With experts Rosanne DiZazzo-Miller and Fredrick D. Pociask
Every few years the National Board for Certification in Occupational Therapy (NBCOT) publishes an executive summary of a Practice Analysis to ensure that Occupational Therapist Registered (OTR) exams cover content relevant to practicing therapists. In addition to any changes to the content of the OTR exam, they may also make changes to the percentage of the exam that is dedicated to each domain area. Beginning in 2019, the NBCOT board OTR exam will include these changes. The good news is our textbook, Preparing for the Occupational Therapy National Board Exam: 45 Days and Counting, included our own focus groups and interviews, including: students who passed the NBCOT exam on the first attempt, students who had to repeat the exam, and had currently practicing senior level occupational therapists to construct the majority of chapter content. Therefore, the content presented in the 45 Days textbook remains in very good alignment with the changes included in the 2018 executive summary. The free PDF of the 2018 ‘Practice Analysis of the Occupational Therapist Registered Executive Summary’ can be found here.
Summary of Changes/Additions:
- The practice settings represented as the primary practice setting for OT employment are the same, with the addition of 0.2% of therapists practicing in the community. Chapter 31, Community-based Practice, addresses this area of practice.
- Under Neurological disorders, 5.4% of therapists reported practicing with clients who have dysphagia. Chapter 26, Dysphagia, addresses this area of practice.
- Under Developmental disorders, 12% of therapists reported practicing with clients who have genetic disorders. Chapters 29 and 30 address pediatric conditions; however, specific to genetic disorders, it is important review the many different types of genetic disorders and understand clinical presentations, appropriate assessments and effective intervention strategies. This site outlines each of these in good detail.
- Under Cardiopulmonary disorders, 35.5% of therapists reported practicing with clients who have pneumonia. While pneumonia is not addressed as a specific condition, it is often times a secondary complication. Pneumonia is typically diagnosed through blood tests, chest x-ray or sputum test. There is both bacterial and viral forms of pneumonia and clients present with abnormal bubbling or crackling sounds in their lungs, which can be heard with a stethoscope. Clients with chronic conditions such as COPD and asthma as well as those with limited mobility are especially at risk for pneumonia. While medical staff prescribes the appropriate medications, therapists may help with training on deep breathing/coughing exercises to cleanse the lungs and training on how to use nebulizers. Most specific to OT is improving endurance and strength in order to resume function in ADLs while paying special attention energy conservation techniques.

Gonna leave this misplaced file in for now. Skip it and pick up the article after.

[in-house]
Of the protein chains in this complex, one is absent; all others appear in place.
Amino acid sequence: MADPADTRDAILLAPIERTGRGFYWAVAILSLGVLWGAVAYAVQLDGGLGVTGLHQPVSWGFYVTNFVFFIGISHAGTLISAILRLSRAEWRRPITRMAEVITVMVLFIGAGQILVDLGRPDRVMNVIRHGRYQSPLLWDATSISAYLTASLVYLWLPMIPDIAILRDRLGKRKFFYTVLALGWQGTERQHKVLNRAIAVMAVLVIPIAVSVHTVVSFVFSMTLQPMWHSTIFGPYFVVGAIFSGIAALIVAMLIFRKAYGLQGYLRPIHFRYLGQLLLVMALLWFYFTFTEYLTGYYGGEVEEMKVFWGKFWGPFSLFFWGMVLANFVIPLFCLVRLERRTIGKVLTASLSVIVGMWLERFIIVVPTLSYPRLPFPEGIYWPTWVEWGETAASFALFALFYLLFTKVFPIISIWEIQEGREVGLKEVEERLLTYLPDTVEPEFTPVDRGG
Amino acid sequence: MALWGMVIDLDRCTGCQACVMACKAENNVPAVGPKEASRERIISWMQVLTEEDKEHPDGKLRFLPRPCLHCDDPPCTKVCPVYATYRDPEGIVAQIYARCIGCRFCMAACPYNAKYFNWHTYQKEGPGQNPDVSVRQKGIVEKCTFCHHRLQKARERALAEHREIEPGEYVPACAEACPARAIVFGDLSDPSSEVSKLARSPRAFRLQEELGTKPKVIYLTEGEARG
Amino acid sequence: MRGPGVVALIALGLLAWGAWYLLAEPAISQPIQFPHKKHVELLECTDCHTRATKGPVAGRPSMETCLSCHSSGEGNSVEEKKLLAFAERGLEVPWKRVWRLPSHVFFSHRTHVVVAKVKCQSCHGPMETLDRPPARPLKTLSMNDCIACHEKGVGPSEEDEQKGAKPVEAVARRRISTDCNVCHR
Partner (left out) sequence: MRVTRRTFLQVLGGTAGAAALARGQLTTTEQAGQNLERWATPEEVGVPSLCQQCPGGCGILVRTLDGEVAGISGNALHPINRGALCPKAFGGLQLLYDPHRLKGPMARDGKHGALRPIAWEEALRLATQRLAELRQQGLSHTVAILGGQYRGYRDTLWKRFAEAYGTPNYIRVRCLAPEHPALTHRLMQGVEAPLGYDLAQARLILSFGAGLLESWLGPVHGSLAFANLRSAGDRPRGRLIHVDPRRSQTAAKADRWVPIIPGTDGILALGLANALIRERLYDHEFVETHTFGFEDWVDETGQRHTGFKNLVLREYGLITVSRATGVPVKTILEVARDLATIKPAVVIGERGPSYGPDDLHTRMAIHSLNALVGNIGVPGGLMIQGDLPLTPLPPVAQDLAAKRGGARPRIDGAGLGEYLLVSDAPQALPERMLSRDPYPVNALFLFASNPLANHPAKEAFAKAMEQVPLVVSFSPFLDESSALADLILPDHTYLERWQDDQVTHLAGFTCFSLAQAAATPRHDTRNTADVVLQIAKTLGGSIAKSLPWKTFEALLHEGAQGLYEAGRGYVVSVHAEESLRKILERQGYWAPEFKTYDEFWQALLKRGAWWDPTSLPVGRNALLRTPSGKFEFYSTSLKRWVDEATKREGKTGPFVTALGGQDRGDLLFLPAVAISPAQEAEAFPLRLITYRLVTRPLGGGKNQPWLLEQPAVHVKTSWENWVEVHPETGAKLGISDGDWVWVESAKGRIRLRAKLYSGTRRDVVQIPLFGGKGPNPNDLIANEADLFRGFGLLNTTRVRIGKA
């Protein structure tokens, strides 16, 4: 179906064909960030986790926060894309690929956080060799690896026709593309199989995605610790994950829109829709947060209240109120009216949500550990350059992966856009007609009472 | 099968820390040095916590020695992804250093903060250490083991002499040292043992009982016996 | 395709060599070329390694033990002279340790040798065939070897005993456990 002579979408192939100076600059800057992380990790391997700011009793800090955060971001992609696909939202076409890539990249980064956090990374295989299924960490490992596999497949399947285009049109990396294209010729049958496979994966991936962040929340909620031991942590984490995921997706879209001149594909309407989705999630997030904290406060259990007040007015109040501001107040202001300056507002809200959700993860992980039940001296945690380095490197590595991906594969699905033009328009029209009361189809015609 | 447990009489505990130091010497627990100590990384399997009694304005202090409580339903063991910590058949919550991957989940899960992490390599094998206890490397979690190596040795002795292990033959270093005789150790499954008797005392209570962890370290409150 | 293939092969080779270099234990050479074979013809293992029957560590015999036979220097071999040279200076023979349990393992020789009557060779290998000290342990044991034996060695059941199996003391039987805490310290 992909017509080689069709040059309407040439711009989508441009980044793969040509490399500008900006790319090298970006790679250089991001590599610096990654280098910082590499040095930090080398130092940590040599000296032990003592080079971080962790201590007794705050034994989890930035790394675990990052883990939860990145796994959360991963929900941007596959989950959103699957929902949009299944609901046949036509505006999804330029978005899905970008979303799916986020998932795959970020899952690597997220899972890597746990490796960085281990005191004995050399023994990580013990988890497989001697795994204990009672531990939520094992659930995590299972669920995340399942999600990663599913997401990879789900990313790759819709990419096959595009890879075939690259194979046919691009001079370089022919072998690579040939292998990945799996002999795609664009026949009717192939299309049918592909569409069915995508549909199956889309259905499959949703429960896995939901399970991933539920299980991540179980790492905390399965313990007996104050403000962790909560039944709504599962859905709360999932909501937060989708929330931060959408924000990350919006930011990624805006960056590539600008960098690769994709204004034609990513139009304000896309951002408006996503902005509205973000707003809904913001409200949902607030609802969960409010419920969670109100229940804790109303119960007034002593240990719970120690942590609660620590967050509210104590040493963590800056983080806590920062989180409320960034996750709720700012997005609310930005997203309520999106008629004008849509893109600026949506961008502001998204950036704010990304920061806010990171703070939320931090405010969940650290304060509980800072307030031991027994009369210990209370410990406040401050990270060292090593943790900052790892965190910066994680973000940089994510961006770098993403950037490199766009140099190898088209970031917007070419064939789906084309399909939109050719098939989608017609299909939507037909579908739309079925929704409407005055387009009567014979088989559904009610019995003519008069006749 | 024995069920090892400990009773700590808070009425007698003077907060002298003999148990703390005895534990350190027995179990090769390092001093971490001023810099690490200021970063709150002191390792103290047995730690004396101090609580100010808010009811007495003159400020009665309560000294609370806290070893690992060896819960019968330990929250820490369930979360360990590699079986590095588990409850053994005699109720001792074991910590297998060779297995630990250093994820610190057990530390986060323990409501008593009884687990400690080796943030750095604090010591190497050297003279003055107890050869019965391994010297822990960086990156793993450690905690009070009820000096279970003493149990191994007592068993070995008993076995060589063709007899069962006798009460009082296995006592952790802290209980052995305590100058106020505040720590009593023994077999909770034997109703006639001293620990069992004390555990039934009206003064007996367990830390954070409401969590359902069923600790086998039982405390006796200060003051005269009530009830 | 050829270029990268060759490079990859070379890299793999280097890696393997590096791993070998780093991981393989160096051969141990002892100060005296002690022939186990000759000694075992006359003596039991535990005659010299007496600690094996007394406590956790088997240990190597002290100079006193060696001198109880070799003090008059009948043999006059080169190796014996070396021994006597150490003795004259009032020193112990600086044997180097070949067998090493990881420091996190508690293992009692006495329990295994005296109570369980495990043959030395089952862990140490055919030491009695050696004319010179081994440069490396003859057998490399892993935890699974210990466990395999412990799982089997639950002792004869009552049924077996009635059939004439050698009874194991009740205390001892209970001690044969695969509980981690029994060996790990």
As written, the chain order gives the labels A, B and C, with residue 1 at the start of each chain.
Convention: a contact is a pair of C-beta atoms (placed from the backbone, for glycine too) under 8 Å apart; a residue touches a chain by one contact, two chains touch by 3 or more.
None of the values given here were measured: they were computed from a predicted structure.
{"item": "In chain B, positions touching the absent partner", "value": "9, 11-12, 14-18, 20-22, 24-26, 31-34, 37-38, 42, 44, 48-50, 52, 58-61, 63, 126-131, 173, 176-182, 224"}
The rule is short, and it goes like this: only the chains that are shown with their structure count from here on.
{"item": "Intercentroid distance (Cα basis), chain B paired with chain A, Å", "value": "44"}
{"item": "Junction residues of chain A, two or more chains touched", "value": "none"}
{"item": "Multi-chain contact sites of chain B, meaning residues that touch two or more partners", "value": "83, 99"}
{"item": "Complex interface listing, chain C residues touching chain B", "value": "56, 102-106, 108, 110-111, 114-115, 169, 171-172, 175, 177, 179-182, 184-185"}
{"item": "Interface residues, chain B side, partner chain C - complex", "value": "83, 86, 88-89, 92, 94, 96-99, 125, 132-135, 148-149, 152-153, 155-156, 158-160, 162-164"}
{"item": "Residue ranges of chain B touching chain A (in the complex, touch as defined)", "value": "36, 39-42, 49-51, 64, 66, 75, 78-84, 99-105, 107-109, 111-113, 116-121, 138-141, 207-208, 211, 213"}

- Under Psychosocial disorders, 1.3% of therapists reported practicing with clients who have eating disorders. Chapter 27, Mental Health Conditions addresses clinical presentation, assessments and interventions related eating disorders such as bulimia and anorexia nervosa.
- Under General Medical/Systemic disorders, 18.1% of therapists reported practicing with clients who had bariatric conditions; 1.9% practiced with clients who had organ transplantation and 14% reported practicing with clients who had trauma/polytrauma.
- Bariatric: In terms of bariatric care, AOTA provides a concise summary of OT’s role in rehabilitation that can be accessed here.
- Organ Transplantation: PM&R Knowledge Now provides an excellent article by Borras-Fernandez, Cruz, Castillo & Montes (2016). Of most interest to students preparing for the board exam is section 2 in the article that refers to rehabilitation management and treatments. The article can be accessed here.
- Trauma/Polytrauma: Another great resource by AOTA provides a concise summary of OT’s role in assessment and intervention related to polytrauma.
- Domain areas now have specific titles and each has changed slightly in percentage of the exam that is dedicated to each domain.
- Domain 1: Evaluation and Assessment is now 25% of the exam (an increase from 17%)
- Domain 2: Analysis and Interpretation is now 23% of the exam (a decrease from 28%)
- Domain 3: Intervention Management is now 37% of the exam (a decrease from 45%)
- Domain 4: Competency and Practice Management is now 15% of the exam (an increase from 10%).
It is our sincere hope that this message will help sort out any questions you may have on the 2019 version of the NBCOT exam and how Preparing for the Occupational Therapy National Board Exam: 45 Days & Counting addresses these changes and provides resources that will help you address these areas with your study plan.
Very best regards,
Rosanne & Fredrick
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